The physical properties of glass are invaluable and unequaled when it comes to the architect’s material palette. From the time of the cathedrals and the the brilliantly colored stained glass that served a functional and didactic purpose, to the modernist liberation of the floor plan and the exquisitely-framed horizontal views provided by ample windows, architects have turned to glass to achieve not only aesthetic but performative conditions in their projects.
Today, Architects face an increasing array of choices in specifying and designing with glass for building facades, as glass manufacturers propose a greater variety of colors, textures and patterns than ever before. A wider range of coatings and treatments has also been developed, allowing for a finer selection of glass panes with a combination of light transmittance, reflectance and absorption to meet the needs of outstanding architectural projects. These options affect the aesthetics and energy performance of the glass, and therefore of the overall building.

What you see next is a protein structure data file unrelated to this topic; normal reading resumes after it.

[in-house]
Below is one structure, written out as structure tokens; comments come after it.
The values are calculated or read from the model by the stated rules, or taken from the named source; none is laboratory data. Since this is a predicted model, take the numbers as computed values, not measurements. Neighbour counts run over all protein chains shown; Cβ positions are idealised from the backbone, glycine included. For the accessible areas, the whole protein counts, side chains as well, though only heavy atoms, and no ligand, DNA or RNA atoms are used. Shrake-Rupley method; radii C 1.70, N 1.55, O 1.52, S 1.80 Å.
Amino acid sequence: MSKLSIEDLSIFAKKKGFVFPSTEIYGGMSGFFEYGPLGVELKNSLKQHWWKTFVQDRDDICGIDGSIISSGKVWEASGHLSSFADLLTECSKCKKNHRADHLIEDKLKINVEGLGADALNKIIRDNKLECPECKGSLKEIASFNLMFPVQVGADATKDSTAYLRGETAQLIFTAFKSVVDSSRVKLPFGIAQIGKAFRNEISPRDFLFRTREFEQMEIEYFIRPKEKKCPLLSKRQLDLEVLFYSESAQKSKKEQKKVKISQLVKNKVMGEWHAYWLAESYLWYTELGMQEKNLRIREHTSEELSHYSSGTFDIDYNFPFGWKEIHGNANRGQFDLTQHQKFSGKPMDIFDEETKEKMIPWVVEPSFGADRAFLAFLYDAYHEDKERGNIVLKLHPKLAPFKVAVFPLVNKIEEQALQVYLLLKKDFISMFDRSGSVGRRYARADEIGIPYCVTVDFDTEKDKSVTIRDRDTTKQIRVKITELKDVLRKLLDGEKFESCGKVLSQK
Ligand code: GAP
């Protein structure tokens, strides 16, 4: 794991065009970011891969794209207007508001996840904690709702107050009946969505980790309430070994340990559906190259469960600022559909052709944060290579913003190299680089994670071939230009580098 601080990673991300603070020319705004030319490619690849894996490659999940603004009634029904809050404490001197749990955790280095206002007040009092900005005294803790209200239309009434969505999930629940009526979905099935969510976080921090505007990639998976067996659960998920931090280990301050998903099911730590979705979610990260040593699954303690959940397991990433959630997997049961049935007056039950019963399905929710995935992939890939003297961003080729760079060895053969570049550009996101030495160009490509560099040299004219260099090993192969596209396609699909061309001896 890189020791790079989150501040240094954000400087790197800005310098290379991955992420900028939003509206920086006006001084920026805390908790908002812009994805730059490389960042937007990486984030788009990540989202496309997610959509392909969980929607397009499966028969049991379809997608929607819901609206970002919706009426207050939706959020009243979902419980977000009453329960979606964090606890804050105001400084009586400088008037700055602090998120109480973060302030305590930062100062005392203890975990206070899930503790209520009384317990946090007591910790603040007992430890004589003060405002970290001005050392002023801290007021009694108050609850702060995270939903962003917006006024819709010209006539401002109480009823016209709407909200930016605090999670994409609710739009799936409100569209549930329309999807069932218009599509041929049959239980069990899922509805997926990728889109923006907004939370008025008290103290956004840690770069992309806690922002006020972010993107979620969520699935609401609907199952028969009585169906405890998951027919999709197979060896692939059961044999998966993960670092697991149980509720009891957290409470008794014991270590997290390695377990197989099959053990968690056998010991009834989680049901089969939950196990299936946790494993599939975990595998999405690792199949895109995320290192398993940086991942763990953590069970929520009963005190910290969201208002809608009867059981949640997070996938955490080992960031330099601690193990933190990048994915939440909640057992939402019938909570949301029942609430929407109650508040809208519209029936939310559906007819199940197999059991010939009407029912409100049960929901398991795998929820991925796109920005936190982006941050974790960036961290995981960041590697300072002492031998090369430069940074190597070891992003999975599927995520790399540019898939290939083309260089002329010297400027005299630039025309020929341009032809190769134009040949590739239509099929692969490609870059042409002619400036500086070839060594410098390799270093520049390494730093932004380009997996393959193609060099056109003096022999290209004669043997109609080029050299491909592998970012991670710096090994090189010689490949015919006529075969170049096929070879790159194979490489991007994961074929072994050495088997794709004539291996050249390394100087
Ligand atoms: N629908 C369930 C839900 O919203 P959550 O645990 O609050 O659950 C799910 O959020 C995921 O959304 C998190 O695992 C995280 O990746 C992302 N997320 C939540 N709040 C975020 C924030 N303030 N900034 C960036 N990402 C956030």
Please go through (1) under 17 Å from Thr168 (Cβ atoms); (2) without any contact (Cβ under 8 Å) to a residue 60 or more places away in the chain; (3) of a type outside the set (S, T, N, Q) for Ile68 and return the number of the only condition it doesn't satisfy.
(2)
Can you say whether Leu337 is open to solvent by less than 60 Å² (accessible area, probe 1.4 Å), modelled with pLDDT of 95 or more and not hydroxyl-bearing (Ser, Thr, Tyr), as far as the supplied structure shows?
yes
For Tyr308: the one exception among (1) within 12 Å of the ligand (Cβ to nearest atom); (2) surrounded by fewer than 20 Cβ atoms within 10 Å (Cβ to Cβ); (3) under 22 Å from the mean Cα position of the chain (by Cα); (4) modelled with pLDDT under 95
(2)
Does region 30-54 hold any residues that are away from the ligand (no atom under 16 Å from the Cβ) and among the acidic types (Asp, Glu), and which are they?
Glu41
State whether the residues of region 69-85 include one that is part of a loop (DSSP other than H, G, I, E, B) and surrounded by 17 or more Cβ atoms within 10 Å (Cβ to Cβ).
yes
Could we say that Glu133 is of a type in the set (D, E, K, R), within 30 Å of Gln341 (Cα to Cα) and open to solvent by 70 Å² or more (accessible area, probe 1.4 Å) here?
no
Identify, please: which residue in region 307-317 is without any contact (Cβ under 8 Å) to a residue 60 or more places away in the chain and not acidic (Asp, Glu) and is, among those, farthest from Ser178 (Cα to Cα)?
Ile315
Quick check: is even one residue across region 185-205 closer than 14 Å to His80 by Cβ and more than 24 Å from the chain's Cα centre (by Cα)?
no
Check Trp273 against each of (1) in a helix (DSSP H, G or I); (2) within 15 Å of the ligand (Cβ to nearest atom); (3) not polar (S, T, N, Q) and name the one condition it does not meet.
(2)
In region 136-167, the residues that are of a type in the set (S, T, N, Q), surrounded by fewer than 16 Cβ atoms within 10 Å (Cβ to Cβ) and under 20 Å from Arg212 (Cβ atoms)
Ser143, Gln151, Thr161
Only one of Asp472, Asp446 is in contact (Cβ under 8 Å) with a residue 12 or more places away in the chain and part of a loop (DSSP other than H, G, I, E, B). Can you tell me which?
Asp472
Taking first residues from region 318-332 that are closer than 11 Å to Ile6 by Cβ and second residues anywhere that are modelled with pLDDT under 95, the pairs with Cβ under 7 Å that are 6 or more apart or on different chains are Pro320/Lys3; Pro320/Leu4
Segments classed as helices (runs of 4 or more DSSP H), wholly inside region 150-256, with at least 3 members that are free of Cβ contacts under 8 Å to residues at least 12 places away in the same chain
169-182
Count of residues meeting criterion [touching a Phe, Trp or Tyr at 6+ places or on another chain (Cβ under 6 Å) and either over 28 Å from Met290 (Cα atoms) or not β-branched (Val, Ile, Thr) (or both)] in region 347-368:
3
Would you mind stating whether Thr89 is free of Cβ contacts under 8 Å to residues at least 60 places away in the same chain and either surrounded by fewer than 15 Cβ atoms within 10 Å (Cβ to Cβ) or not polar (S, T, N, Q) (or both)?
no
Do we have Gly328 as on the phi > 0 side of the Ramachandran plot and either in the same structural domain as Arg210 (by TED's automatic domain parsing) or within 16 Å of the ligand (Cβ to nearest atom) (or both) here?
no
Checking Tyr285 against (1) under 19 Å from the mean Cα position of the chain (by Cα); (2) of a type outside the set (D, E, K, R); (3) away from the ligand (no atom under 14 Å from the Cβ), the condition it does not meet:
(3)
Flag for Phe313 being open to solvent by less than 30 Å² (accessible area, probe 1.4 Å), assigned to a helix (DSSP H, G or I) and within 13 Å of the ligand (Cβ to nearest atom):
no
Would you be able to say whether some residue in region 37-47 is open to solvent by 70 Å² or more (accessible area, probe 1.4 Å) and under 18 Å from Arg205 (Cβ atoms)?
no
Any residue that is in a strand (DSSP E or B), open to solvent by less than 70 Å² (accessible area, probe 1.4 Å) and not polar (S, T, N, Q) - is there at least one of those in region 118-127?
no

Thanks to advanced calculation tools, energy performance can now be anticipated accurately, but the graphic representation of glass is still a challenge, and yet a crucial need for architects.